The Dragons of Eden

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The Dragons of Eden

Dragons of Eden, The - Hardcover - USA - First Edition.jpg

Hardcover - USA - 1st edition.

Author Carl Sagan
Published 1977-??-??
Type Non-fiction
Genre Educational
Themes Biology, Evolution, Neurology, Science
Age Group Adult

The Dragons of Eden: Speculations on the Evolution of Human Intelligence is a non-fiction book by Carl Sagan published in 1977 about the evolution of human intelligence. Although there is a lot of science in the book, much of the evolutionary history is speculative, and Sagan uses metaphors from mythology to make his points. This began as a lecture about Jacob Bronowski which Sagan then expanded into a full book.


Read?Audiobook read by J.D. Jackson.

Having become a fan of pretty much everything Sagan has ever produced, I was eager to read this book, but I wasn't as impressed by it as his later work.





  • Sagan is a very upfront about the fact that dualism is bunk. I'm sure this was pretty controversial in 1977.
  • The book has a lot of information about the brain and mind, especially the research into people who have experienced brain injuries, and targeted surgery to cure brain-related illness. Both of which have been invaluable for understanding how the mind arises from the brain.
  • The book outlines the "cosmic calendar," a wonderful metaphor that Sagan expands upon in Cosmos: A Personal Journey, which really helps put history in perspective.
  • Sagan's predictions about machine learning is still very accurate, decades later.
  • Sagan's description of 1970s video games is very quaint.


  • Sagan was thankfully upfront about the book being largely speculative, because much of the content has been discovered to be demonstrably wrong. For example, Sagan makes appeals to the triune brain model hypothesis, but it no longer has credibility among neurologists. I actually found all the appeals to speculation to be off-putting. I understand that part of what made Sagan such a great science communicator was his ability to describe science in ways that the average person (and, thus a believer in mythology) would appreciate, and that part of being so creative means having a very open mind, but I prefer my non-fiction to be more factual than speculation.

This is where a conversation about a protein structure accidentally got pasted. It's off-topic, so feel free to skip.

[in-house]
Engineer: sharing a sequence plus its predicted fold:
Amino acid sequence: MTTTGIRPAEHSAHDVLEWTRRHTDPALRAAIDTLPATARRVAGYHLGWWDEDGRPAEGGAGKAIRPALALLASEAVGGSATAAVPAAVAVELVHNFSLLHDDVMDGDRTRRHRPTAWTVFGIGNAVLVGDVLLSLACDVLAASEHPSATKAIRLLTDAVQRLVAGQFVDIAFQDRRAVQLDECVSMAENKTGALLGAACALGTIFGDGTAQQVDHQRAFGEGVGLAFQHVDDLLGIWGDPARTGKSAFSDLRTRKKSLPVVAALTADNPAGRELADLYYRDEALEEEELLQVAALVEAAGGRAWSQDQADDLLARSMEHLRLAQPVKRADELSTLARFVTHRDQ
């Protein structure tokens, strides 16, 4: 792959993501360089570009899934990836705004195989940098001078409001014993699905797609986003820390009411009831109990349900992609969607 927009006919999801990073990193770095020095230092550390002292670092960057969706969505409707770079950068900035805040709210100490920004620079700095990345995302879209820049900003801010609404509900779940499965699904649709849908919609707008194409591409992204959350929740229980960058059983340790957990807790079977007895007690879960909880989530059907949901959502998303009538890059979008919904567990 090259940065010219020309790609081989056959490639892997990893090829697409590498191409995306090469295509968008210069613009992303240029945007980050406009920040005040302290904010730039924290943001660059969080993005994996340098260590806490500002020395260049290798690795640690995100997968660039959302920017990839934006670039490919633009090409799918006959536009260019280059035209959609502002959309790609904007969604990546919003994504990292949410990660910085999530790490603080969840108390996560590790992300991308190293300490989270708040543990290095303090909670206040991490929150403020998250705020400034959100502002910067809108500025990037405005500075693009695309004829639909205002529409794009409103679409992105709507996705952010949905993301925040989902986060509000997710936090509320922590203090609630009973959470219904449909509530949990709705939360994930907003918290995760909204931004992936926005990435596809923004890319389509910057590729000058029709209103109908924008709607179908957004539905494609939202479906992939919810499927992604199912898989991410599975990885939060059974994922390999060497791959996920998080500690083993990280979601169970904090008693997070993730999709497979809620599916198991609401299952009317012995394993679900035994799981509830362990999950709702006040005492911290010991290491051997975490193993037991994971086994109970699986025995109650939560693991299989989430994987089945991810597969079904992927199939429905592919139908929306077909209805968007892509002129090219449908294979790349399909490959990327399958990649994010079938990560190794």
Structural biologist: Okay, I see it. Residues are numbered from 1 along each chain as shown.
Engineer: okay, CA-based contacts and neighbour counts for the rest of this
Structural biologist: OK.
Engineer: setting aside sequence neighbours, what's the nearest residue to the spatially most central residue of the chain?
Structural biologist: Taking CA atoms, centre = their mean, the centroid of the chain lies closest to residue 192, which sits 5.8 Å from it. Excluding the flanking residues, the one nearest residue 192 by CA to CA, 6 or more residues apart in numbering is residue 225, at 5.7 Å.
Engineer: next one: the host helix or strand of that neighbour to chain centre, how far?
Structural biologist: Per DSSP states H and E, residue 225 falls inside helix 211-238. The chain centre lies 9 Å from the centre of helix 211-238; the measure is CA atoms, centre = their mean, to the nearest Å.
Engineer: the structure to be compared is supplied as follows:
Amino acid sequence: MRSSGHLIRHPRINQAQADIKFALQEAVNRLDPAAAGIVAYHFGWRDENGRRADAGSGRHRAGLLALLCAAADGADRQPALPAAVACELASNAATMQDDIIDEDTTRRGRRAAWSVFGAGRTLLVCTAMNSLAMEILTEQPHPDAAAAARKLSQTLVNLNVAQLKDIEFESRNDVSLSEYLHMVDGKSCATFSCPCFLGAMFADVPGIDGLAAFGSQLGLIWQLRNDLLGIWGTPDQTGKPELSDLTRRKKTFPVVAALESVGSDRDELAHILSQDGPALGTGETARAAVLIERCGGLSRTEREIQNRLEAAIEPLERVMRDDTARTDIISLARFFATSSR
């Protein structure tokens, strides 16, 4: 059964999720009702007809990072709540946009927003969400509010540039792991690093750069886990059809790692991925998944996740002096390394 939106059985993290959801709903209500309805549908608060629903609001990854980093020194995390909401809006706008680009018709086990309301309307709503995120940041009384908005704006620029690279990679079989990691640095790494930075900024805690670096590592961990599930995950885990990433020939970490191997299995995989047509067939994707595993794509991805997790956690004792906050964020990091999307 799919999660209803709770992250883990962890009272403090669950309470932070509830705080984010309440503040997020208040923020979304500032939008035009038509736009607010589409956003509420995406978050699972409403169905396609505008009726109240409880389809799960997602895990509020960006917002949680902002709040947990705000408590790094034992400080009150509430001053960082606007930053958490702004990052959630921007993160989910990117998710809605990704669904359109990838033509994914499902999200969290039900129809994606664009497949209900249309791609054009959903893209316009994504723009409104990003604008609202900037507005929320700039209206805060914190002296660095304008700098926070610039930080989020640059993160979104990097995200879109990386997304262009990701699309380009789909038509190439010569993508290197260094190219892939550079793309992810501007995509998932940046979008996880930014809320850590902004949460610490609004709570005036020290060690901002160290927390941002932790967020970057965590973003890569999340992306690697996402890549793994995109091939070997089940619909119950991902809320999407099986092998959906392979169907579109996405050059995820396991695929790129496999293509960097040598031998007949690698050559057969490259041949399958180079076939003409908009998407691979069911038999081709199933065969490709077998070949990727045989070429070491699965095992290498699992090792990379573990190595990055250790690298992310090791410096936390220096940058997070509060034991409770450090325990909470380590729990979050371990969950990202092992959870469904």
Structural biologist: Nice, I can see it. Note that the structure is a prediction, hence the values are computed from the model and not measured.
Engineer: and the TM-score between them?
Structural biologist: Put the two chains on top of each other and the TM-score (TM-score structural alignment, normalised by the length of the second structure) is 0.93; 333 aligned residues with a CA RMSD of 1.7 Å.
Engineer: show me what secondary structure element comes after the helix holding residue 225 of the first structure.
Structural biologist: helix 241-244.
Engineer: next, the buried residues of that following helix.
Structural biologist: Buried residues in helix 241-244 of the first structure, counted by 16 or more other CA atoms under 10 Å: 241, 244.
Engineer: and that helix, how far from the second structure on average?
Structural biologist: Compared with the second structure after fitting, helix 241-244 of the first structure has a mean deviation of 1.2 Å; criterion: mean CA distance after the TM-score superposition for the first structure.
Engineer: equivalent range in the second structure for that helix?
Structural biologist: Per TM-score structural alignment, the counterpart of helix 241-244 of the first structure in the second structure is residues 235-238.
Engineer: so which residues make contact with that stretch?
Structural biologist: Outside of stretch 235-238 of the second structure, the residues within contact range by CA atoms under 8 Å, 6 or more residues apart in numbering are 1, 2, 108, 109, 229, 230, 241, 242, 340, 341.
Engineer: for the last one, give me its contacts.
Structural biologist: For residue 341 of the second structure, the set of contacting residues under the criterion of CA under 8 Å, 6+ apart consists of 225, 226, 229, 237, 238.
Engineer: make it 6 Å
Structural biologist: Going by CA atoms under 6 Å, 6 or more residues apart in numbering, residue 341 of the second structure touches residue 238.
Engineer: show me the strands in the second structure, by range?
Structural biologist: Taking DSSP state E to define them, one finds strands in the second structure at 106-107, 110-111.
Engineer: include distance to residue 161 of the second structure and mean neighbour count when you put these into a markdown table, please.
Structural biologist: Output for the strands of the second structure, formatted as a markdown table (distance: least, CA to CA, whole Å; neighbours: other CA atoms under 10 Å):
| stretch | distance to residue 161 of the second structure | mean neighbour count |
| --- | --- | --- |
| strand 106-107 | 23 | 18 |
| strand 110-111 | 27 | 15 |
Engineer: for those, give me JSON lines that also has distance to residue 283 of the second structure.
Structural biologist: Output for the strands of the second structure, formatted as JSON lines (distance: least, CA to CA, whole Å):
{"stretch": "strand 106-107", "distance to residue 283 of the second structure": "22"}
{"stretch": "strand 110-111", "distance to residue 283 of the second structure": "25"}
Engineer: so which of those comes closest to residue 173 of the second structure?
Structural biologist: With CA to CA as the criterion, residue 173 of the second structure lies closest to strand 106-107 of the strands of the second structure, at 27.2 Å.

• Sagan references Sigmund Freud several times and gives him a lot more credit than he deserves. Most of Freud's work was unscientific and not worthy of further study.
  • The section about simians using sign language reads more like fan service. A lot of research has been published which is critical of how well the animals actually use sign language.


  • Sagan uses several stories from the Book of Genesis, not just as analogies, but as suggestions for possible future research. When it's used for analogies, I don't see the use of doing it since anyone who's actually interested in science will find the analogies childish, while those who appreciate the analogies don't care about the science anyway. However, when it's done for suggestions of possible research, I'm a bit shocked that such an intelligent man would think ancient folklore is worthy of research simply because it's tenacious.




  • "...Reading itself is an amazing activity: You glance at a thin, flat object made from a tree...and the voice of the author begins to speak inside your head."
  • "Curiosity and the urge to solve problems are the emotional hallmarks of our species; and the most characteristically human activities are mathematics, science, technology, music and the arts--a somewhat broader range of subjects than is usually included under the 'humanities.' Indeed, in its common usage this very word seems to reflect a peculiar narrowness of vision about what is human. Mathematics is as much a 'humanity' as poetry."


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